Last week Google announced they are officially entering the job board space with their newest product, Google for Jobs. Recruiters already rely on Google Adwords to help target job candidates who increasingly look to Google and other search engines to search for job openings that fit their skills, experiences, location and other essential requirements Maybe Google realized that increasingly candidates are looking to search engines as well as job aggregators to find work. More likely they realized the business opportunity that lay before them. Recruiting and people are big business, and in order to compete again Facebook and Microsoft, Google for Jobs is the logical next step.
What is Google for Jobs?
Ideally, Google’s new Google for Jobs product will index and understand jobs better. Ideally, the algorithm will analyze, understand and match candidates to specific jobs. Job candidates search results will be more targeted ensuring that the most qualified and best candidates can reach employer openings. The new Google for Jobs search interface will be cleaner, sleeker and easier to navigate for the job seeker while on the back end the Google search algorithm will search, identify and rank important keywords and terms allowing for a higher quality match. Additionally, the job seeker will see more relevant job postings based on their specific requirements as well as more recent and active job postings. The Android Police website is already reporting that many of the Google for Jobs search features are already available to a small number of Android phone users. I’ve included some screenshots below.
The challenge with indexing and prioritizing job postings is nothing new. Google’s search engine does a poor job of identifying and indexing job postings high in the search rankings. This happens for a number of reasons but mostly because search engines view web links that are new as less relevant and valuable. Google and other search engines determine a website and link’s importance by the age of the site and link and number of high-quality sites. Search engines normally penalize websites that have duplicate content on them. For example, if you are hiring for 230 cashiers at all 230 of your retail stores and have individual job postings for each opening, Google’s algorithm views these job postings as duplicate content because you are using the same job description and text over and over again. The algorithm views your postings as less important because the content is duplicated and will push your job openings lower in the search results meaning that job candidates can’t find your postings when they go to Google to search.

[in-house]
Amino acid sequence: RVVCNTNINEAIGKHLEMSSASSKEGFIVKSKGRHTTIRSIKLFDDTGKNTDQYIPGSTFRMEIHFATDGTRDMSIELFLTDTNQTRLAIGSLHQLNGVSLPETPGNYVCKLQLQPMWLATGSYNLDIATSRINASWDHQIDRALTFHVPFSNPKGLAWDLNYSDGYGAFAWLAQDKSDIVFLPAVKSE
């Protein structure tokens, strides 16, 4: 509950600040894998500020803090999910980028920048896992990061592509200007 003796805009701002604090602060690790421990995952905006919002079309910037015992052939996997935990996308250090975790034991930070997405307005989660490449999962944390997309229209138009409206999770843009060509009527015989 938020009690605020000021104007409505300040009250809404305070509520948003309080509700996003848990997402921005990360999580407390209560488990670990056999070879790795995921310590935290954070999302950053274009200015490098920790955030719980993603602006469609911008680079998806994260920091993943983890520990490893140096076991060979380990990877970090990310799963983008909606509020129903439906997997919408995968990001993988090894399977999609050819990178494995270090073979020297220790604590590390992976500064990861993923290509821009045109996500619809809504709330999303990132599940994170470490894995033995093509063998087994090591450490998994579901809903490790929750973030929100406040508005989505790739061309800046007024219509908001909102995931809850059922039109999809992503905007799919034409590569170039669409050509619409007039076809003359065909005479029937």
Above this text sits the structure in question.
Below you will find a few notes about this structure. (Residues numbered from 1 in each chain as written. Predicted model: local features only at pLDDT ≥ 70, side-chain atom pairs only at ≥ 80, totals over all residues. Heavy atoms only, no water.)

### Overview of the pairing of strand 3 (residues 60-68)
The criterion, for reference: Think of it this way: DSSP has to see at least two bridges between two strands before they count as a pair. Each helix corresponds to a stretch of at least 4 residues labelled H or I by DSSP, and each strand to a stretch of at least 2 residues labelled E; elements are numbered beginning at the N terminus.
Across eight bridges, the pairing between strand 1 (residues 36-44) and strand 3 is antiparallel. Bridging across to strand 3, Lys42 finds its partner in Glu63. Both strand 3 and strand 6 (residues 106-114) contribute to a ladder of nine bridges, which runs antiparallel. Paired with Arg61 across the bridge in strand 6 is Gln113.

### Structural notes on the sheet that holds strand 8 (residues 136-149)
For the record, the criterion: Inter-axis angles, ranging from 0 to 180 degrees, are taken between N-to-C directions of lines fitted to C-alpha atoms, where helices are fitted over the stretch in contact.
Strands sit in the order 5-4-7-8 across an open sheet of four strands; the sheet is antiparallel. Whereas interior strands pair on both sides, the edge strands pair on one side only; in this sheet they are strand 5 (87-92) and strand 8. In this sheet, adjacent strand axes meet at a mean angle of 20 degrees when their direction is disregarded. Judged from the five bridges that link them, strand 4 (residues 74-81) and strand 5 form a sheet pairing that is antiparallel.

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Job boards, as well as company career sites, and staffing agencies have been impacted by search engines ranking duplicate content as less important. When you, as a corporate recruiter publish a job posting on a single job board, typically traffic is driven to the posting the following ways: 1) publishing the same job postings on other job board sites, 2) email blasts or 3) affiliate incentives to job board partners. The publishing of duplicate content on sister and partner job boards has been effective at driving candidates to paid job listings. This is why you often see a job posting on another site that isn’t the job board you originally posted on. Job boards typically pay their partners per click or applicant.